CHARLESTON, W.Va. -- For thousands of uninsured West Virginians, October 1st marks the beginning of a new era. More than 130,000 uninsured, low-income West Virginians will become eligible for low-cost insurance through Medicaid. Another almost 100,000 West Virginians who make too much to qualify for Medicaid will be eligible for tax credits to make their premiums more affordable through the new Health Insurance Marketplace.
The actuaries for the Offices of the Insurance Commissioner project that under the Affordable Care Act, the number of uninsured West Virginians will drop from 246,000 to 76,000 by 2016. That's nearly a 70 percent reduction in the number of uninsured. It's hard to imagine but in three years there will be 170,000 fewer uninsured West Virginians, according to the actuaries.
None of these newly insured people will face restrictions due to a pre-existing condition. There will be no denial because someone has diabetes, no policy that covers everything except what a person needs coverage for the most -- their existing health insurance problem, and no more higher premium because you have a pre-existing condition such as asthma or high blood pressure. It is will be a very changed environment thanks to the Affordable Care Act, and one that is much more consumer-friendly.
I am perplexed that expanding coverage to thousands of West Virginians and millions of Americans has generated so much opposition. Some Republicans in Congress -- will Congresswoman Capito be among them? -- actually want to shut down the federal government rather than expand health insurance to the uninsured. Really? I don't know about you, but that doesn't make any sense to me, particularly, when they have no alternative plan that will cover the uninsured nor a plan for ending pre-existing condition limitations.
Along with denying 170,000 uninsured West Virginians insurance coverage and imposing pre-existing condition limitations on everyone with an individual policy, here are some other consequences if Congress actually succeeds in repealing the Affordable Care Act:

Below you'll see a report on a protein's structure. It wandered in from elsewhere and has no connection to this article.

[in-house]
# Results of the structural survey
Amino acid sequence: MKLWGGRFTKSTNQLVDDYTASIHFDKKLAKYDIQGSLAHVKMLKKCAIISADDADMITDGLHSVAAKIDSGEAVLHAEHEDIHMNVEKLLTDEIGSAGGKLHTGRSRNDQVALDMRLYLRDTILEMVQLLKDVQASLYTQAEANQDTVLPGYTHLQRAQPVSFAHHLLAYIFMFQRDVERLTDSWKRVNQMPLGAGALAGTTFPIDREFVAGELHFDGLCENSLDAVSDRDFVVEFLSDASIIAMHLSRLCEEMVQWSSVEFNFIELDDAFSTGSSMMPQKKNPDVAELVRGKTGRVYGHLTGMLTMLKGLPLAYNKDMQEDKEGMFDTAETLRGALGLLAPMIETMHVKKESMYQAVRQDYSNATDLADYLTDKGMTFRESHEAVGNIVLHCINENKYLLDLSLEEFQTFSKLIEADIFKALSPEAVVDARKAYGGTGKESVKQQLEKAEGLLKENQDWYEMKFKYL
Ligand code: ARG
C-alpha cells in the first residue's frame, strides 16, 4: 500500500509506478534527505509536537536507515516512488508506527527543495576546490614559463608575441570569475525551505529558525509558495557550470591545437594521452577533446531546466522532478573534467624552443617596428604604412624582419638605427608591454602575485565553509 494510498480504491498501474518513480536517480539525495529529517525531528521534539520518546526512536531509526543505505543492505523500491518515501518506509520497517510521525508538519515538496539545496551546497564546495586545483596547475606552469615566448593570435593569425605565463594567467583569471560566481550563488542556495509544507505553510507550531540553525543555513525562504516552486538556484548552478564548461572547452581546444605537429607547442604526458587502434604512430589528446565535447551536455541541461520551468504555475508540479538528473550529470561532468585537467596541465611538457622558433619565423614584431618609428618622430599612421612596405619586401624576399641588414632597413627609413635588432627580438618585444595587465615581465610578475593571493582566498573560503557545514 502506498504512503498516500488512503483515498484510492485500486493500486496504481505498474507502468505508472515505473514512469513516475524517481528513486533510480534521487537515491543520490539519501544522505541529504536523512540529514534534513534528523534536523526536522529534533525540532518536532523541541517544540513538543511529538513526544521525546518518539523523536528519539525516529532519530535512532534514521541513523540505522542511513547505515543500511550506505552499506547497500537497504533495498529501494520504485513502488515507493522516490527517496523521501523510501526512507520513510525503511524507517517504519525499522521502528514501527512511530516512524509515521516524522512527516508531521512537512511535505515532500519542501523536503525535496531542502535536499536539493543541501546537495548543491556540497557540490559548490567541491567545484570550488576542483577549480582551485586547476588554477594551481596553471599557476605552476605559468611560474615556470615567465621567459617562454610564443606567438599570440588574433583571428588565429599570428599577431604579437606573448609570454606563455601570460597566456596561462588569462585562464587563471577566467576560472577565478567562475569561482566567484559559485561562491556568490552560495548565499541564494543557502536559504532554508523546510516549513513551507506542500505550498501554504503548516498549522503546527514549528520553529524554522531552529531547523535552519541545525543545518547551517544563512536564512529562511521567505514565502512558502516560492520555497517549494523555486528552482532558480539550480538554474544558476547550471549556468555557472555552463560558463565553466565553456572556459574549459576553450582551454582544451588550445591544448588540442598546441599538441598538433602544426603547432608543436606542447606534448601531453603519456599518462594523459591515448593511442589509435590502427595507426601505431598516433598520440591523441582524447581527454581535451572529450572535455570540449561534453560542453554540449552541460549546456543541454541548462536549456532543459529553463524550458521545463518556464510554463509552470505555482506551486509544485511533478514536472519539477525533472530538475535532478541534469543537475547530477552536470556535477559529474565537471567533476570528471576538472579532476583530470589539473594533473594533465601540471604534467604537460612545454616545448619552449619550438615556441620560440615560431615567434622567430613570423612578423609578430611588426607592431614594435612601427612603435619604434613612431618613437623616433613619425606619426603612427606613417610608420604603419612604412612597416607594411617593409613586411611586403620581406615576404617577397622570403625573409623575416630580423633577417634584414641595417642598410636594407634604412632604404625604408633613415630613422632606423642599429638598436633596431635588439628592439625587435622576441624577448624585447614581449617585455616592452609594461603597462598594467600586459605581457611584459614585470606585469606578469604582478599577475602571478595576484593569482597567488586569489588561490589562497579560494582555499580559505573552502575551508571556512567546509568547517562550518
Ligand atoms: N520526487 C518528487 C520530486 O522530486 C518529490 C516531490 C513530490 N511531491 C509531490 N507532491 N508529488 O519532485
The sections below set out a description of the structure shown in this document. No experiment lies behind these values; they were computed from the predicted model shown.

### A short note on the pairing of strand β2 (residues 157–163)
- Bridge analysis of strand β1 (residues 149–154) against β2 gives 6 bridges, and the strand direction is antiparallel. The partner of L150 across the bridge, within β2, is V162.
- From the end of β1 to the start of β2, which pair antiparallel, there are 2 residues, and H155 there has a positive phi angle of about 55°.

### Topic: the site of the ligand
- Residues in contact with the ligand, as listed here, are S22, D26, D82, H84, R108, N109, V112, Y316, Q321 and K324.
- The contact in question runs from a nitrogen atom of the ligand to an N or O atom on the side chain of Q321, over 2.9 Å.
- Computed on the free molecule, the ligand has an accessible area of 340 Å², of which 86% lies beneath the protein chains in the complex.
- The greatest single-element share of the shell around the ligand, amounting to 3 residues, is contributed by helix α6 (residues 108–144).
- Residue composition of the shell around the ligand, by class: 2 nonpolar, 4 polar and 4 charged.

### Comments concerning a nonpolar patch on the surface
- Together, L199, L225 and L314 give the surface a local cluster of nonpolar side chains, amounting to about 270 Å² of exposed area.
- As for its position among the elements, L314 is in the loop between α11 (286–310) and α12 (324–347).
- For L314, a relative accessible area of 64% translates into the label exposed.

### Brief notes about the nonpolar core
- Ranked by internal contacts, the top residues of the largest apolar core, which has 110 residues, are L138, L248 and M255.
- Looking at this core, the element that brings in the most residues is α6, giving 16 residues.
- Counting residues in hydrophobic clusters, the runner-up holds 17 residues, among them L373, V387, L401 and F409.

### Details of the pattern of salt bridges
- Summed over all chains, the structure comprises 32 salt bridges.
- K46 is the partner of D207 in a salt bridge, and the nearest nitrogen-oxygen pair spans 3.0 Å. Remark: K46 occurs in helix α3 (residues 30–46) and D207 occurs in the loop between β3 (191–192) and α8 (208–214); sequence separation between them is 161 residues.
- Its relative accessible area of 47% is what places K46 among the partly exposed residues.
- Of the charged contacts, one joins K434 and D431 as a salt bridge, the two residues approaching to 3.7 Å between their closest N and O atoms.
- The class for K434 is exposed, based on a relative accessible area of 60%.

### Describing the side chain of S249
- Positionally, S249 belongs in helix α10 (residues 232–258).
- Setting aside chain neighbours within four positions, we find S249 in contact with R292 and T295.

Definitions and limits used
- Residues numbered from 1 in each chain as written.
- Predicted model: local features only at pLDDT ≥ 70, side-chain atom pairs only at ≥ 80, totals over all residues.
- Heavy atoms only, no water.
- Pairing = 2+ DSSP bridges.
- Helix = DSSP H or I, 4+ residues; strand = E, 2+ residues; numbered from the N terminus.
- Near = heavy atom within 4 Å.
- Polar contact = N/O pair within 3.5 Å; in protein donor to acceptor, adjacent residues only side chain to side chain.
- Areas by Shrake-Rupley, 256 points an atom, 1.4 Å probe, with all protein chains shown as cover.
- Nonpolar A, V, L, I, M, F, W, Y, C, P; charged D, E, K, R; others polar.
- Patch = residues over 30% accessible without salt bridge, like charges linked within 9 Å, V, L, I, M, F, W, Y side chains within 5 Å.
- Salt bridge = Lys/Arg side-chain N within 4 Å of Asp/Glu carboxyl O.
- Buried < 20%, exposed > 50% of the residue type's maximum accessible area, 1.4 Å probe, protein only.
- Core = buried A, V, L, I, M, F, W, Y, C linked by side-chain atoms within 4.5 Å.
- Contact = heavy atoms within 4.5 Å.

• Seniors will once again be required to pay for the gap in Medicare's prescription drug program, known as the doughnut hole. This is no small change. In 2012, more than 37,000 seniors and people with disabilities in West Virginia saved over $34 million, or an average of $891 per person, because the doughnut hole is being eliminated by the Affordable Care Act.
• 18,000 young adults in West Virginia who are currently insured through their parents' policy would lose coverage and become uninsured.
• The repeal of the Affordable Care Act would re-impose deductibles, co-payments and co-insurances on patients when they receive clinically appropriate preventive measures such as flu shots, mammograms, pap smears, and other lifesaving cancer screens.
• We will return to an era when insurance companies could charge women a higher premium for the exact same insurance policy that a man buys. And we will return to an era when insurance companies could spend as much as they want on administrative costs, costing Americans one billion dollars in lost rebates.
It is not just some members of Congress who understand that when the Affordable Care Act is implemented the American people will resist its repeal. West Virginia's Attorney General Patrick Morrisey also fully understands this. Mr. Morrisey raised privacy concerns about 15 people across the state enrolling West Virginians in Medicaid and subsidized health insurance policies suggesting that they have a background check and be fingerprinted. Mr. Morrisey ignores the fact that licensed insurance agents, who also have access to personal information, have no required privacy training, unless they are selling policies under the Affordable Care Act, and none are required to have background checks or to be fingerprinted. Mr. Morrisey also ignores the fact that thousands of state employees who have access to private information, such as those who process unemployment claims, are not required to have a background check or be fingerprinted, although they do have annual privacy training.
I am not suggesting that these trusted state employees have either background checks or be fingerprinted; it would be a waste of resources. I will, however, leave it to you to decide what Mr. Morrisey's motivation is when he raises concern over privacy with 15 people helping to enroll West Virginians in new health insurance coverage under the Affordable Care Act while ignoring privacy concerns for thousands who have even greater access to personal information. Is Mr. Morrisey really motivated by privacy concerns, or is he using his elected office to advance a partisan, political agenda?
West Virginia has too much at stake to let partisan political agenda, at the national or state level, stand in the way of enrolling 170,000 uninsured West Virginians into health coverage. These uninsured West Virginians should have the same financial and health-care security that those of us with insurance coverage currently enjoy. October 1 marks the beginning of a new era, and one that will be celebrated by thousands of hard-working West Virginians.
Bryant is director of the West Virginians for Affordable Health Care.